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Waterbury Winterfest Ends With a Sweep: Broomball!

For 10 days, there were singing competitions and cross-country skiing. Ice sculptures still line the streets of downtown.
WATERBURY, Vt. -

Sunday wrapped up the 2nd Winterfest in Waterbury, Vermont. The festival honored winter and actually spending time outside.

People went out with a bang, playing a little game they like to call Broomball.

It looks like hockey and works like hockey. But there's no skates and let's just say, more falling.

Bill Minter, Waterbury Winterfest Planning Committee Chair said, “This is the most fun that we can imagine because you can't use your skates to stop and go, you're slipping and sliding."

Gordon Miller, a broomball expert agreed, “Slipping and sliding and you're fighting for your life just to stay up. It really works your core though. It takes your whole body just to stay upright. It's actually fun once you start playing. The more you play, the more you enjoy it.”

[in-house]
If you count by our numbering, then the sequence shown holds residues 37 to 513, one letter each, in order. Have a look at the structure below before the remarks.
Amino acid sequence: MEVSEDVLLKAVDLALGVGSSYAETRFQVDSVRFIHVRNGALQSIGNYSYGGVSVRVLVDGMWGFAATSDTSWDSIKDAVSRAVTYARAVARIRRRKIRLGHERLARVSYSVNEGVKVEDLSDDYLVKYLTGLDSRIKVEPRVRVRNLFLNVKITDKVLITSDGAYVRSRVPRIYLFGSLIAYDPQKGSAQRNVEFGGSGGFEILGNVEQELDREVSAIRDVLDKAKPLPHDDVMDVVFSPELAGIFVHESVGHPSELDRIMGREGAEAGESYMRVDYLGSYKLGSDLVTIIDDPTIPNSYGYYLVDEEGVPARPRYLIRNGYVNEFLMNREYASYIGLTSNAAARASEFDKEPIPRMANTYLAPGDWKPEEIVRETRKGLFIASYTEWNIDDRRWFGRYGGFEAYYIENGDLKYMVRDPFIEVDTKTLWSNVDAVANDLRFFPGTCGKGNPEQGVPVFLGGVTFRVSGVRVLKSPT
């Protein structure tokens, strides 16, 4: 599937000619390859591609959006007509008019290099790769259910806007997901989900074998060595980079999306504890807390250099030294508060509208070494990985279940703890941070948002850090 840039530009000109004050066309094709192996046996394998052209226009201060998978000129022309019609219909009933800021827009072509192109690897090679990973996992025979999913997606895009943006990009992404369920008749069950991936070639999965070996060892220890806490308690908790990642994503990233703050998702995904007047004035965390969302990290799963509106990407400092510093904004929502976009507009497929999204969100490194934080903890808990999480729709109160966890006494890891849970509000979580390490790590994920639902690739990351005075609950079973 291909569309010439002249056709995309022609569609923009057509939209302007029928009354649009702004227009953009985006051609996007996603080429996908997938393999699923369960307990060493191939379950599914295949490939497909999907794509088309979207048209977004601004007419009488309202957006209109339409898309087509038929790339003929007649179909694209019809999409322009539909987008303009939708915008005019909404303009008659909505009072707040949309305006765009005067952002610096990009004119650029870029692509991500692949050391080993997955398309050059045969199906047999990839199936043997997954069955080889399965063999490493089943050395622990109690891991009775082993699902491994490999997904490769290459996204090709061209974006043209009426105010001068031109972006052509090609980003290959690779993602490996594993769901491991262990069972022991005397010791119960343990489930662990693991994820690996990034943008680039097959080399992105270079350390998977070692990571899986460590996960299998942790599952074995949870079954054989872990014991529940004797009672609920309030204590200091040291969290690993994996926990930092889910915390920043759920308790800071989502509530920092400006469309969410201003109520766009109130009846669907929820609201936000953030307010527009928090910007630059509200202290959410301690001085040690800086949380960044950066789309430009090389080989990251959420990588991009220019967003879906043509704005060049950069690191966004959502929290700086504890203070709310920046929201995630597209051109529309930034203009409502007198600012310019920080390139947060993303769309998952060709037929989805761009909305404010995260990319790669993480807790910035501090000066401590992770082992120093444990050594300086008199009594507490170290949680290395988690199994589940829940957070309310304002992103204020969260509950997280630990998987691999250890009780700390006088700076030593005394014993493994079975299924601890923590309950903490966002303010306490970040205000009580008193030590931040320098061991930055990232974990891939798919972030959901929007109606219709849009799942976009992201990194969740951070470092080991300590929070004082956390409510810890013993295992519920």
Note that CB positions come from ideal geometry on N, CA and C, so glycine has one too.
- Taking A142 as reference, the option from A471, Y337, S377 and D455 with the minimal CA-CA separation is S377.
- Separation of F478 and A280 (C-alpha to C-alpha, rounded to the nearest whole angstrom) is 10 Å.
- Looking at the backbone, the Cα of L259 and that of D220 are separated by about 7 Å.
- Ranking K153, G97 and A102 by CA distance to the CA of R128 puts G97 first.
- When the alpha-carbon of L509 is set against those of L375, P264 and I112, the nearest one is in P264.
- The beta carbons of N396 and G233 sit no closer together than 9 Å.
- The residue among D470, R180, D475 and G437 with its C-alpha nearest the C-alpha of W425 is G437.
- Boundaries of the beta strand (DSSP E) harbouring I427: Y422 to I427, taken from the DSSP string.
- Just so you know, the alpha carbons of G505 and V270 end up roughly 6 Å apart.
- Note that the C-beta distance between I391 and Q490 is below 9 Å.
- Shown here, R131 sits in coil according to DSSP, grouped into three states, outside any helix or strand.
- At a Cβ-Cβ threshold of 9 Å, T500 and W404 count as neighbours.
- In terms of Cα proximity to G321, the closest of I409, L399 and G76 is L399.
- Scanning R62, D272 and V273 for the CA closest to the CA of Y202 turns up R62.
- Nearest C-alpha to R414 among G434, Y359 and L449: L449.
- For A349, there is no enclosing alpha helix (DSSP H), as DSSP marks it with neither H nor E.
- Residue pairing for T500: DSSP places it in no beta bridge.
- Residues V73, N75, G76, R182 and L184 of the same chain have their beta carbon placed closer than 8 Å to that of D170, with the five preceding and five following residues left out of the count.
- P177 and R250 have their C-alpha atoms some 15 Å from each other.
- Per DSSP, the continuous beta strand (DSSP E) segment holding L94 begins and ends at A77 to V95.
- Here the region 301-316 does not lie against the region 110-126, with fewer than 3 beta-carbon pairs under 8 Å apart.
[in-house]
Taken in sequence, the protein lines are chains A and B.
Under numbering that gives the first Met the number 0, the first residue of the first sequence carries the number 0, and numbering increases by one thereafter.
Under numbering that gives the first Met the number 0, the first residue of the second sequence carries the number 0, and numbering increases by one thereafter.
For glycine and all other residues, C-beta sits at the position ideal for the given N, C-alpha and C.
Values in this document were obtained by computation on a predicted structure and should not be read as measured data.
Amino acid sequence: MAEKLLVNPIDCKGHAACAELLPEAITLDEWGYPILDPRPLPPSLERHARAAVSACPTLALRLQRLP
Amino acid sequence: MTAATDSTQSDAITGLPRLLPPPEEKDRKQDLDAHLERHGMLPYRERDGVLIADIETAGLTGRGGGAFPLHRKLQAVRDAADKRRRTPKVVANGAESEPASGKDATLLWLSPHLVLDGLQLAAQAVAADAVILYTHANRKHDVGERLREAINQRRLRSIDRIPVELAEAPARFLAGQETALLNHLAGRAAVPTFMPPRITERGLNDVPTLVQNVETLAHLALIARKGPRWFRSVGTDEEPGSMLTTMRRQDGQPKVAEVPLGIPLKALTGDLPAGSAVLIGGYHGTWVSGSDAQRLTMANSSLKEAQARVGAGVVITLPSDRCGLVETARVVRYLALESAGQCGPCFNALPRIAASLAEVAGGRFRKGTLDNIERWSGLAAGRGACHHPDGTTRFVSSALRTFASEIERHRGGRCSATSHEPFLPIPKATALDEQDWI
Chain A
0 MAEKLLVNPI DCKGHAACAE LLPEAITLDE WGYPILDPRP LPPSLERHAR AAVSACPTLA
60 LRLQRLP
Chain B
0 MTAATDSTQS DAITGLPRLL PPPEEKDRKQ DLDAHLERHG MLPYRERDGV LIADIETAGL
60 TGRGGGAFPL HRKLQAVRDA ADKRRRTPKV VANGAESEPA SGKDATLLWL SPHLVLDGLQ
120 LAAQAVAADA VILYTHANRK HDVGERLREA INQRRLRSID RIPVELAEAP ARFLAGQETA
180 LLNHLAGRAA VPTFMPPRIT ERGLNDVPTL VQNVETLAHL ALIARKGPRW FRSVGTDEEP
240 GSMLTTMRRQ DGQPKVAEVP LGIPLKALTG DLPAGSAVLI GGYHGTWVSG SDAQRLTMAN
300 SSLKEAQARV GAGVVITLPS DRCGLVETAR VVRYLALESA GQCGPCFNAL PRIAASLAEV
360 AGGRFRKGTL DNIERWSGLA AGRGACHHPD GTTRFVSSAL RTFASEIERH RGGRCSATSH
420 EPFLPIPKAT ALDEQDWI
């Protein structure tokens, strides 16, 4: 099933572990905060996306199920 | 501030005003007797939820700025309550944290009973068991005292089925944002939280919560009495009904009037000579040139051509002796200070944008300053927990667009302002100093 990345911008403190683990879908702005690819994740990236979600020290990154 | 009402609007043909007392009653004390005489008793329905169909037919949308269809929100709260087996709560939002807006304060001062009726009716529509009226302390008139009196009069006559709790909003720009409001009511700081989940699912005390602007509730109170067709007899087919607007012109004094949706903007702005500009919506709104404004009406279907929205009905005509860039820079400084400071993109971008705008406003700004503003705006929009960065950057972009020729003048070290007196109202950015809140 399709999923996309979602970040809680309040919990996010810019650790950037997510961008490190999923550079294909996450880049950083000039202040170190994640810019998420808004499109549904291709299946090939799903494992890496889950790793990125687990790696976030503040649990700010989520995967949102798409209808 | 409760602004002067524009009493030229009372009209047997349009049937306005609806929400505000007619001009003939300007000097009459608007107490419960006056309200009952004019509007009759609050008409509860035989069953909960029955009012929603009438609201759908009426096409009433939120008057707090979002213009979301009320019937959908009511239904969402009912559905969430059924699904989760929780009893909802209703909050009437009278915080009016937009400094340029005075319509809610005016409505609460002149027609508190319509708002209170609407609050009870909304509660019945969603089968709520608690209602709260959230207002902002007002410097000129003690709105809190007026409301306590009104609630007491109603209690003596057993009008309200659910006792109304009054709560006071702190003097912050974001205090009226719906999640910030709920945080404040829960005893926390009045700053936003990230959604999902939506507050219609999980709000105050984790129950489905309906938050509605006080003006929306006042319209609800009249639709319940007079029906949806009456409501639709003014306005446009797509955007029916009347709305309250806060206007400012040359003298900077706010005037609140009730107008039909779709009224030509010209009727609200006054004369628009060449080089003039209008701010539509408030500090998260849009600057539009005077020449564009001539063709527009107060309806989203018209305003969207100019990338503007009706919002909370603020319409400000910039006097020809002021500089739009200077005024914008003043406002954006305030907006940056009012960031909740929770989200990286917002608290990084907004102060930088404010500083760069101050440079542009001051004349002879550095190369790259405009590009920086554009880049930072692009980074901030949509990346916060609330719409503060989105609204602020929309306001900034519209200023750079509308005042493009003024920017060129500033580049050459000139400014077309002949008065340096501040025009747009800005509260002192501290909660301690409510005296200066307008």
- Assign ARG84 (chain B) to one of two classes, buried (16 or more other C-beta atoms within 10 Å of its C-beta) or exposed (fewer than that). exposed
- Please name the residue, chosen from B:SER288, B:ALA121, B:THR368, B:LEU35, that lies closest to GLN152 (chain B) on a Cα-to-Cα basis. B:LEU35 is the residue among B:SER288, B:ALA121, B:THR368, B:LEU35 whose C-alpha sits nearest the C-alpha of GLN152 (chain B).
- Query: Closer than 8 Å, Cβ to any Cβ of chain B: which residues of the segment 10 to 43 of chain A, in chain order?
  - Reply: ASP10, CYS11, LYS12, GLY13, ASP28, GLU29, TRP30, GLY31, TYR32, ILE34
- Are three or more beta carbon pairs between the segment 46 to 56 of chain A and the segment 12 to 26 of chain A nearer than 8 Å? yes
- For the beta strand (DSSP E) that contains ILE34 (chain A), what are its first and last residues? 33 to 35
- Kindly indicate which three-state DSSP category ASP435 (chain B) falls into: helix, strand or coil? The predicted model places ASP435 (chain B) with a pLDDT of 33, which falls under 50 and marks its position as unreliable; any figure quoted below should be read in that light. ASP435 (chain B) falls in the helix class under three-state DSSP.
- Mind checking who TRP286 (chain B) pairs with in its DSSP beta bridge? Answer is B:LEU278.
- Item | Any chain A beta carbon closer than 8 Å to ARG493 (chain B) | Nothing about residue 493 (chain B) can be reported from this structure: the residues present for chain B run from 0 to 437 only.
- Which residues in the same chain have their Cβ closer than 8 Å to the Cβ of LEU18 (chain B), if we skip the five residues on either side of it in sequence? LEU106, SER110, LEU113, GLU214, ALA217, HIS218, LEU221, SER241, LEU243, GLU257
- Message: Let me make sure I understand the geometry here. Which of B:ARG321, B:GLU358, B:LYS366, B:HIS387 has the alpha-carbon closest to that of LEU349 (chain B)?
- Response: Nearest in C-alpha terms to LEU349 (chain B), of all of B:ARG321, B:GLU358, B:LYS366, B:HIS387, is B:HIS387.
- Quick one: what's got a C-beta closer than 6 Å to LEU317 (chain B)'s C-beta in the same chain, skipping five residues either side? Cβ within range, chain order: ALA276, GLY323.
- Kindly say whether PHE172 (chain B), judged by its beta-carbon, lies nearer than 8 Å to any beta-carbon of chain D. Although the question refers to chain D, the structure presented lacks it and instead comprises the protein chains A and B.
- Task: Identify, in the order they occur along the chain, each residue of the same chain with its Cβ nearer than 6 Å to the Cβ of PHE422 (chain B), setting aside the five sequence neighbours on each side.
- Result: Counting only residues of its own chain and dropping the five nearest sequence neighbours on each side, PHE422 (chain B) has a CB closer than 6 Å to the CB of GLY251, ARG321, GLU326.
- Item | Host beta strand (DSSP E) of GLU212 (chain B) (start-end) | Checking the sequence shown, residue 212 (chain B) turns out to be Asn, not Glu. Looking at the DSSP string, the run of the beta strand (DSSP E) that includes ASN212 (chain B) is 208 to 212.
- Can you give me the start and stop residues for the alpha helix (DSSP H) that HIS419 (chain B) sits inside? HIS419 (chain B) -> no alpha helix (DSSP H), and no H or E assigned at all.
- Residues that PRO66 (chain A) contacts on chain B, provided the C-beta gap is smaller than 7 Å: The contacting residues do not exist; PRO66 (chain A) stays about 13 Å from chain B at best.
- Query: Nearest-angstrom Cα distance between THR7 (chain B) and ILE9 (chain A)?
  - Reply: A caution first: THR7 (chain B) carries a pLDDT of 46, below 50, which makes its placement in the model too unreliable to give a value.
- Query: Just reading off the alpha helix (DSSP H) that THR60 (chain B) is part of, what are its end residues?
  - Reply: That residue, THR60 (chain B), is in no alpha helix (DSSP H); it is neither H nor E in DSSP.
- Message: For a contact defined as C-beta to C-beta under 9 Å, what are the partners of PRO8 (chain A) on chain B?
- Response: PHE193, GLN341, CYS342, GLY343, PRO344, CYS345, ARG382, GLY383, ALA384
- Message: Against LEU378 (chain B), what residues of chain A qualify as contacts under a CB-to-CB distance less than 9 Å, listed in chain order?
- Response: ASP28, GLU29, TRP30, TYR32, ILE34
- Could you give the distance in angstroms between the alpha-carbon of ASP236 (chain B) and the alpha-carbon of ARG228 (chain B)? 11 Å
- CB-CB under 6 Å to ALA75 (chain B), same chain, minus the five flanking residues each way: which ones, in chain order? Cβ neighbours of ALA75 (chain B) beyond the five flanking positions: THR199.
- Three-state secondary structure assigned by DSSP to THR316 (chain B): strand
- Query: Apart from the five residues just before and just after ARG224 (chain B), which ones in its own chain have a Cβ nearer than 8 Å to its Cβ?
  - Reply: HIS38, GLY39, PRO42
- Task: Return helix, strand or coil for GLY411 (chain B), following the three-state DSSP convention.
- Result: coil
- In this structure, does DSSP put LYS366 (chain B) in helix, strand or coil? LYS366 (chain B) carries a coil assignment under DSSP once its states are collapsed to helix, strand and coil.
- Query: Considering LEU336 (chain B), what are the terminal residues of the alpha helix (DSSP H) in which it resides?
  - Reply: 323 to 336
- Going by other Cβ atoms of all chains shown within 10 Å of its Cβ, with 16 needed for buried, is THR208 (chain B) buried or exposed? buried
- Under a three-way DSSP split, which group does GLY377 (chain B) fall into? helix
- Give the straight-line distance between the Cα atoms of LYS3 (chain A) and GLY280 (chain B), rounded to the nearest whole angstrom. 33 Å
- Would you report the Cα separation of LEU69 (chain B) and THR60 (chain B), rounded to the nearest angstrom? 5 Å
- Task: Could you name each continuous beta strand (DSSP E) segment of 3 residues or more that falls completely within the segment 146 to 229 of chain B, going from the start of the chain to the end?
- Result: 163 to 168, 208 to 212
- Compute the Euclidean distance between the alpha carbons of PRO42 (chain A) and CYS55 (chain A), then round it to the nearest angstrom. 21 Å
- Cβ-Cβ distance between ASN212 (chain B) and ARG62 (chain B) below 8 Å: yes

Broomball was the cherry on top of over a week of winter-fueled activities for the 2nd Waterbury Winterfest. The mission of Winterfest is to embrace winter and celebrate recreation in Waterbury.

“Last year we came up with the phrase 'Rebound with Recreation' because we're kind of part of coming back from Irene. How are we going to replace the business that's lost in the State Complex? We think recreation is it,” said Minter.

For 10 days, there were singing competitions and cross-country skiing. Ice sculptures still line the streets of downtown.

So much going on that several restaurant managers we spoke with say, they've been busy all week, including at the Prohibition Pig.

“Having the Waterbury Festival is nice, to have a community-based  thing and maybe bring a lot of people who are outside of town into town, to see around Waterbury, see our restaurant. It's probably a little bit busier than it has been. I'd attribute that to the Festival,” said Prohibition Pig Manager Emily Schmitz.

A festival that says, just because it's winter, doesn't mean you have to hibernate.

“It's never too cold to come out and play,” said Minter.

Organizers say they don't know how many people participated in Winterfest just yet but they believe it was very successful and look forward to next year.


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